Invading space to take control of our climate and environment
ENVIRONMENT visits the Astrium space laboratory, to look at high tech satellites that are designed to observe and report specifically on the environment, part of a new fleet that it is hoped will help man predict and react to changes taking place on earth.
In the 1970s the Nasa satellite Nimbus allowed humanity to see that there was a hole in the ozone. Since then a battery of satellites have been sent into outer space and round the clock vision of our world is now possible with some satellites being made specifically to observe the environment: examining melting glaciers and changes in land quality.
What’s more, satellites can increasingly be called into play after natural disasters, helping rescue workers find their way in radically changed landscapes. "The latest example was in Haiti, where we produced maps right after the earthquake, the goal was to give better information as to what roads remained open and could be travelled on, We also pointed out areas where there's a risk of landslides...combining all the information from the satellite images can show us zones that would or would not be suitable for temporary shelters," notes Gilles Denis of Infoterra notes.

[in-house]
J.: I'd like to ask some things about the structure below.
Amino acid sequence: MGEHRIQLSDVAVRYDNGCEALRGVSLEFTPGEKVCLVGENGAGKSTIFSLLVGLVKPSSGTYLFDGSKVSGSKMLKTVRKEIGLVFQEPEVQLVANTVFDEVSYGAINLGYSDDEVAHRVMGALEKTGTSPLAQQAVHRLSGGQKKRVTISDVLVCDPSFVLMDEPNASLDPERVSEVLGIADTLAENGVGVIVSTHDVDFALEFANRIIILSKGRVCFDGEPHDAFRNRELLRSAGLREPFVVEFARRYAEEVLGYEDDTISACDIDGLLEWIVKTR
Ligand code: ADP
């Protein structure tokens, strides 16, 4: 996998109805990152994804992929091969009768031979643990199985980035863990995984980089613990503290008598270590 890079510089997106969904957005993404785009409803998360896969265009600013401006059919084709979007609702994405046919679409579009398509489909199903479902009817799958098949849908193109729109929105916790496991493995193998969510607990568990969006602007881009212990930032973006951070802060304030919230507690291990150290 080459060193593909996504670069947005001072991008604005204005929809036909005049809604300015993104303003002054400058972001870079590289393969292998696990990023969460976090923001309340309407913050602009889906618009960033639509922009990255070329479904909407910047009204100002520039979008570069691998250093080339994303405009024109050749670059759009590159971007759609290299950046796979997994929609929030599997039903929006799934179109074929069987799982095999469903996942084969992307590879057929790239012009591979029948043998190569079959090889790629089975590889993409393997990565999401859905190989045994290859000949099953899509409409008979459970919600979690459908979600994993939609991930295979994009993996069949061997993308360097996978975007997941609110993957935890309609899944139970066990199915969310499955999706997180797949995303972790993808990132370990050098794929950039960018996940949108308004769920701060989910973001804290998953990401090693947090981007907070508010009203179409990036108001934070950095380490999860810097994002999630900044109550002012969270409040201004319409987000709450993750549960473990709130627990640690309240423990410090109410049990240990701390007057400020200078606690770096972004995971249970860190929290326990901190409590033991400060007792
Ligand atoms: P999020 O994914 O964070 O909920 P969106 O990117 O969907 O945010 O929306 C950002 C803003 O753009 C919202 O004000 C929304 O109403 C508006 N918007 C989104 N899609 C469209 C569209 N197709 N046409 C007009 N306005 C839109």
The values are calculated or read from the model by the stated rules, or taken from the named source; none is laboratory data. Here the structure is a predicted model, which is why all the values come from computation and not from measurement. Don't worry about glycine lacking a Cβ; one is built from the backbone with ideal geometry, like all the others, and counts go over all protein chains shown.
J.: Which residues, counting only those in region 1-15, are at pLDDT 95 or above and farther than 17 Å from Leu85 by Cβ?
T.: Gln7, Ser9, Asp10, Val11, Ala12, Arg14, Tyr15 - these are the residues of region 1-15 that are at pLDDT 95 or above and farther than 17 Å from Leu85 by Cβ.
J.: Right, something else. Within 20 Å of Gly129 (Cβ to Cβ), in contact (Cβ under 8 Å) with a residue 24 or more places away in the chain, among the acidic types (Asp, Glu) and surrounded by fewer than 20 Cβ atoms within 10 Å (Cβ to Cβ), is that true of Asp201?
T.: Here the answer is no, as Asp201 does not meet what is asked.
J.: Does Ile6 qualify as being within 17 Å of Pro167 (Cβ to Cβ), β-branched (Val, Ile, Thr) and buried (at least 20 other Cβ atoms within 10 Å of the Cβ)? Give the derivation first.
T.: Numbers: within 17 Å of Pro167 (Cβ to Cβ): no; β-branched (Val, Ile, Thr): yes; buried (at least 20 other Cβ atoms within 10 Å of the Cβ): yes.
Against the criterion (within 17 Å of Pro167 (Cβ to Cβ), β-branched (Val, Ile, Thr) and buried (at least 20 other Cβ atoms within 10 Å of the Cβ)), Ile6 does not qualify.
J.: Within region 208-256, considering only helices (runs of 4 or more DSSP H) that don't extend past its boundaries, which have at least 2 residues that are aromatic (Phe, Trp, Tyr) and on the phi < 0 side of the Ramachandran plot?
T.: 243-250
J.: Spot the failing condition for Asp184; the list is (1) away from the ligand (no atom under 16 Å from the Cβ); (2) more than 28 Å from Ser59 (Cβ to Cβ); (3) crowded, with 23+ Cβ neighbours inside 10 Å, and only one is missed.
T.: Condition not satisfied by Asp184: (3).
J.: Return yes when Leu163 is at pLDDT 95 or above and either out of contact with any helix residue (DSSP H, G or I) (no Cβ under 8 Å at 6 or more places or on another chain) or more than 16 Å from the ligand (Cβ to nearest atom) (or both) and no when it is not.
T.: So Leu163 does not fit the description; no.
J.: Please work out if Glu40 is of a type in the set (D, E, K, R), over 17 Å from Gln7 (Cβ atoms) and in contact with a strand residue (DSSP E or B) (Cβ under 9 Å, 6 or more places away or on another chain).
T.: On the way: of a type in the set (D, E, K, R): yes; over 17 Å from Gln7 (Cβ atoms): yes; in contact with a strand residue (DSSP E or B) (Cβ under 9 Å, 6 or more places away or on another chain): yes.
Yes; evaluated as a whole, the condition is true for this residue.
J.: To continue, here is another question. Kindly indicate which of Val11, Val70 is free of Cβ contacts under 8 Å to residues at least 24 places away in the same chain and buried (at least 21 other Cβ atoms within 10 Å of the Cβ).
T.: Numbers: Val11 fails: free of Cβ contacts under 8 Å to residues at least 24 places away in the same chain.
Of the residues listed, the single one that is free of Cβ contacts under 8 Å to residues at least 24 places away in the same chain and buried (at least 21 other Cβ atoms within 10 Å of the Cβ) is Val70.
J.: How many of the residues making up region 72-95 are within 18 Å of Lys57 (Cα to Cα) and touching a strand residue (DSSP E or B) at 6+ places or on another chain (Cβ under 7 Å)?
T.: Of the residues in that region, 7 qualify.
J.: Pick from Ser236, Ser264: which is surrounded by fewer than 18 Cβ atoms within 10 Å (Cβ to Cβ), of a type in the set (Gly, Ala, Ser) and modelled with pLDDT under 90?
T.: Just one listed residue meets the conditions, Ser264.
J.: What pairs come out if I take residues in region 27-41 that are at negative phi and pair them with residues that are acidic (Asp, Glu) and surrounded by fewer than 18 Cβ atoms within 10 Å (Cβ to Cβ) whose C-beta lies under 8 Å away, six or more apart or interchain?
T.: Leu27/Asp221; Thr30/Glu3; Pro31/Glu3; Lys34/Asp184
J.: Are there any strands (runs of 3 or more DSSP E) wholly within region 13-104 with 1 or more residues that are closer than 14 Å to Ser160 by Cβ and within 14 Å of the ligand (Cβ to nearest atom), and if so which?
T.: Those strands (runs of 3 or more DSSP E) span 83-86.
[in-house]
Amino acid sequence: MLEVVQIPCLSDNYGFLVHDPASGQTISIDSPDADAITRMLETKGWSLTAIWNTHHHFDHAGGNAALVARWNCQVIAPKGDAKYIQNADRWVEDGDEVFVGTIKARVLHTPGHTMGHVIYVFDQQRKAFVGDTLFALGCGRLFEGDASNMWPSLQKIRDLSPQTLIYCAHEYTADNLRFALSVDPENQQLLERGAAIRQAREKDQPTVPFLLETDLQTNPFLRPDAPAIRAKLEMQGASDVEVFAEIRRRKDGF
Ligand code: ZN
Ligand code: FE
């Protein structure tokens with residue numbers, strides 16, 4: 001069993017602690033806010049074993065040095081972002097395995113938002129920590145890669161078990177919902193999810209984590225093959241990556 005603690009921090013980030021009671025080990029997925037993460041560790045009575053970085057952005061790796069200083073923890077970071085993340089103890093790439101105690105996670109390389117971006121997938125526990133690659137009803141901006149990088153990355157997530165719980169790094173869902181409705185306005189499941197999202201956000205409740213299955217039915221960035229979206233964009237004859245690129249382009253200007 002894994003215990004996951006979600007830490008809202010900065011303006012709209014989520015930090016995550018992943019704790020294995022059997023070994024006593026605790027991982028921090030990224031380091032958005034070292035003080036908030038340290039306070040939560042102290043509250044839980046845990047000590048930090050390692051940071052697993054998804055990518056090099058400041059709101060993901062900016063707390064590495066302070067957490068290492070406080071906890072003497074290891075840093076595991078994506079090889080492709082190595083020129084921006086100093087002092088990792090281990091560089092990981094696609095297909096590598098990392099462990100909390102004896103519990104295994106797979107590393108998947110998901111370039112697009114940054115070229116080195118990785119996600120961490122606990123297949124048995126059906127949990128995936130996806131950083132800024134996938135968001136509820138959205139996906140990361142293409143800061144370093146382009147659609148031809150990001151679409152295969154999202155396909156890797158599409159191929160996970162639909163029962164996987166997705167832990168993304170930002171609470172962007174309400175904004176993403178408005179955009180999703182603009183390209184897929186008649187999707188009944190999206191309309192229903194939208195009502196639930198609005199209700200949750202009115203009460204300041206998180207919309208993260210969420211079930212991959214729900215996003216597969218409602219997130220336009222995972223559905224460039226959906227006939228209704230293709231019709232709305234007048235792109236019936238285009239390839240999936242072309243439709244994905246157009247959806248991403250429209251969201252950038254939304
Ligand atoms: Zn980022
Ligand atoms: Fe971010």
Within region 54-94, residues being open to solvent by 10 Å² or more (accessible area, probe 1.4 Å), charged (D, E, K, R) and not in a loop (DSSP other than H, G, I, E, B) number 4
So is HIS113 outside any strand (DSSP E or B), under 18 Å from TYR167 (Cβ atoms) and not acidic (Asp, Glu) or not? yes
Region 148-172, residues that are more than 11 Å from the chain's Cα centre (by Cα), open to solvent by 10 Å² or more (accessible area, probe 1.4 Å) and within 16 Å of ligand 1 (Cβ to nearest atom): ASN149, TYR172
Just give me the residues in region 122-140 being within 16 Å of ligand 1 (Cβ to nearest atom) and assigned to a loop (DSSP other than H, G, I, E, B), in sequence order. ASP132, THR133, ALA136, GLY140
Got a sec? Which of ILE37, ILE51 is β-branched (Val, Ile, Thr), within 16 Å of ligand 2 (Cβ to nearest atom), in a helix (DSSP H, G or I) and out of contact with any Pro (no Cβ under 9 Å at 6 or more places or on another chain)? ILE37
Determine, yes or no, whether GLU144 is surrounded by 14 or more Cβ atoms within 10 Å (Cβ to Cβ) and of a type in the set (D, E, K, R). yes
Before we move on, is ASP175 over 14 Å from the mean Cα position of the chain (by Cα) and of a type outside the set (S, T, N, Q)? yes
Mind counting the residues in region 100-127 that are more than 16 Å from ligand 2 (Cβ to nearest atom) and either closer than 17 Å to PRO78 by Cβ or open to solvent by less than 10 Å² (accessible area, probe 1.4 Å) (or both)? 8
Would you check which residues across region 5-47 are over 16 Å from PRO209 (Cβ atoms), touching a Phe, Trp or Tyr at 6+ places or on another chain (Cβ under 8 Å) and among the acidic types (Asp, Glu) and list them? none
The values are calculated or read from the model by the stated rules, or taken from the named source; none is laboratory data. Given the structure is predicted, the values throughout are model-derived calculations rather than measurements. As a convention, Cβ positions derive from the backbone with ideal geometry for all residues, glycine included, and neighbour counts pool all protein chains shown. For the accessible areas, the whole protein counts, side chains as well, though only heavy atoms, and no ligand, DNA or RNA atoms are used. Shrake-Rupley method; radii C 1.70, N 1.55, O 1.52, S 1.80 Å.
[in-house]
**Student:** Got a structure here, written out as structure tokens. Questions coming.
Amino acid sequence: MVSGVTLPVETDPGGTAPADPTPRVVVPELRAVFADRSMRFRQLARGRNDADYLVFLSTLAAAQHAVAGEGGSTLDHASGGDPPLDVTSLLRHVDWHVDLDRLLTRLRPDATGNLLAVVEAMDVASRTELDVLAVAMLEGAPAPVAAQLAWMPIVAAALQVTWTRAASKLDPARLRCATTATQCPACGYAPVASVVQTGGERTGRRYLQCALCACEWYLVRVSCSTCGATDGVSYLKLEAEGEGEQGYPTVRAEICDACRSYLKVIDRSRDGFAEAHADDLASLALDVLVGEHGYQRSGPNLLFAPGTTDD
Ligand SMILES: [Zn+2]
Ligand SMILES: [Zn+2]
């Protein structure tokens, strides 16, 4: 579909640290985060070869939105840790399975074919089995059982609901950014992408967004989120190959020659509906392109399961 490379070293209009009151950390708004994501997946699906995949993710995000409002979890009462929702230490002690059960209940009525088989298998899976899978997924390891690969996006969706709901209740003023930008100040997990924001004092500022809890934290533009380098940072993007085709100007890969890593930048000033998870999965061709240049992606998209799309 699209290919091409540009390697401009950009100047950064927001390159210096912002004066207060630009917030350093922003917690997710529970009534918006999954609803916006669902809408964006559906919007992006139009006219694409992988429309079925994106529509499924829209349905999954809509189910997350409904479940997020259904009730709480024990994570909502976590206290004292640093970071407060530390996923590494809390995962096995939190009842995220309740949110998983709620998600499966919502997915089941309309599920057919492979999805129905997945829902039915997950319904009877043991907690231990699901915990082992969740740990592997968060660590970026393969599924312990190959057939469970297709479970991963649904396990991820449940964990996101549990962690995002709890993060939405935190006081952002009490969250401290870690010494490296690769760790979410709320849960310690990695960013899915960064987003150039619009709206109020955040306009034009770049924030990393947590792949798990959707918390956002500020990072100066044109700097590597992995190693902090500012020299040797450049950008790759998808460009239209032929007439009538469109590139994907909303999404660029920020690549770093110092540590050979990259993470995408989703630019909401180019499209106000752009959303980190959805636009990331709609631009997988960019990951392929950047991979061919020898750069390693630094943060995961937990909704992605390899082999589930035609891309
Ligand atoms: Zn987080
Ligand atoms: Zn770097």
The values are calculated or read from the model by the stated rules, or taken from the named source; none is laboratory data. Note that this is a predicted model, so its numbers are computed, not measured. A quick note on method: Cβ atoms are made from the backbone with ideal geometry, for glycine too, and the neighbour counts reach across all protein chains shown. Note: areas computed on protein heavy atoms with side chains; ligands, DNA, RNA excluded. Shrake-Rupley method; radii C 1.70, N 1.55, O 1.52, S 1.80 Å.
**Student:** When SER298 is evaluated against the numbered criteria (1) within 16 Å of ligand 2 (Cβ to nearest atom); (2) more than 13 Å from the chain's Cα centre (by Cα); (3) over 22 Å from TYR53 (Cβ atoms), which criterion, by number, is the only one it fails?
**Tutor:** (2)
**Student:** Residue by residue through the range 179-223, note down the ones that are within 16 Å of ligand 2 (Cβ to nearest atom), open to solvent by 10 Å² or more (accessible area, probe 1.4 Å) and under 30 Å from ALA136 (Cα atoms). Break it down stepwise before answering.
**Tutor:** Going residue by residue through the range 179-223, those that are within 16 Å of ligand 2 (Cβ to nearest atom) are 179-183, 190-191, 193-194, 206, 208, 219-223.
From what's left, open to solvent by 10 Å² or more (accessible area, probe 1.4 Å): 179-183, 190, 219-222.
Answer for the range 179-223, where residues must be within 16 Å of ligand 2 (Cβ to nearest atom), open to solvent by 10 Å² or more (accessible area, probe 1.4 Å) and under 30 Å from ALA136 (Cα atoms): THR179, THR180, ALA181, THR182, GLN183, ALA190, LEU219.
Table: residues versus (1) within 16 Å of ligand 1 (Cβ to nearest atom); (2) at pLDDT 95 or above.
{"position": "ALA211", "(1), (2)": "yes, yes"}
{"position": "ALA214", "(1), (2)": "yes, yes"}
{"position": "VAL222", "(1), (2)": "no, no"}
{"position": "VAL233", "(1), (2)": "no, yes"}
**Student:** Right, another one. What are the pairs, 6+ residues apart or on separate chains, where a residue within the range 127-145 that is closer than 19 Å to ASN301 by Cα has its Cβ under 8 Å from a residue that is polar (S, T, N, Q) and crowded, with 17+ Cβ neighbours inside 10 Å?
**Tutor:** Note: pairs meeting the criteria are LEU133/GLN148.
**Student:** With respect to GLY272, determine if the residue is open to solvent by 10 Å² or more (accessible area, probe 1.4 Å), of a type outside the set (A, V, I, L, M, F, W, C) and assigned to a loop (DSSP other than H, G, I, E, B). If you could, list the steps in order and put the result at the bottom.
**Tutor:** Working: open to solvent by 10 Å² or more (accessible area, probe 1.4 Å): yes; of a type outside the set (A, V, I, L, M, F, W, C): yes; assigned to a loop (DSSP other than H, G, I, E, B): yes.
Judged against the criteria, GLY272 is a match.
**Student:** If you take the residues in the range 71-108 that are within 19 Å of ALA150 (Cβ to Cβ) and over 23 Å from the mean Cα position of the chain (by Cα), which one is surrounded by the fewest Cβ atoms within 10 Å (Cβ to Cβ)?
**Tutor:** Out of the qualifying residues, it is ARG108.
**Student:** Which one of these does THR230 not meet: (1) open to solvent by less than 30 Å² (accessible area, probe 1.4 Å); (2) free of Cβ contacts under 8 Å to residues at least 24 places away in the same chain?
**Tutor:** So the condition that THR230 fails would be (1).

Meanwhile outside of the exceptional scenarios and large-scale climate watch, on a local level satellites are helping farmers adapt to changes in land quality. They allow farmers to see clearly the patches of land that are drying out or lacking in minerals, meaning a targeted and minimal use of fertilisers, which is both good economically and environmentally.
While satellites are become all the more efficient at surveying the environment other geoengineering tools are being developed to help man take control. These include ideas such as using giant space mirrors to reflect the suns heat or fertilizing our oceans with iron in order to soak up CO2 and keep temperatures within a liveable range.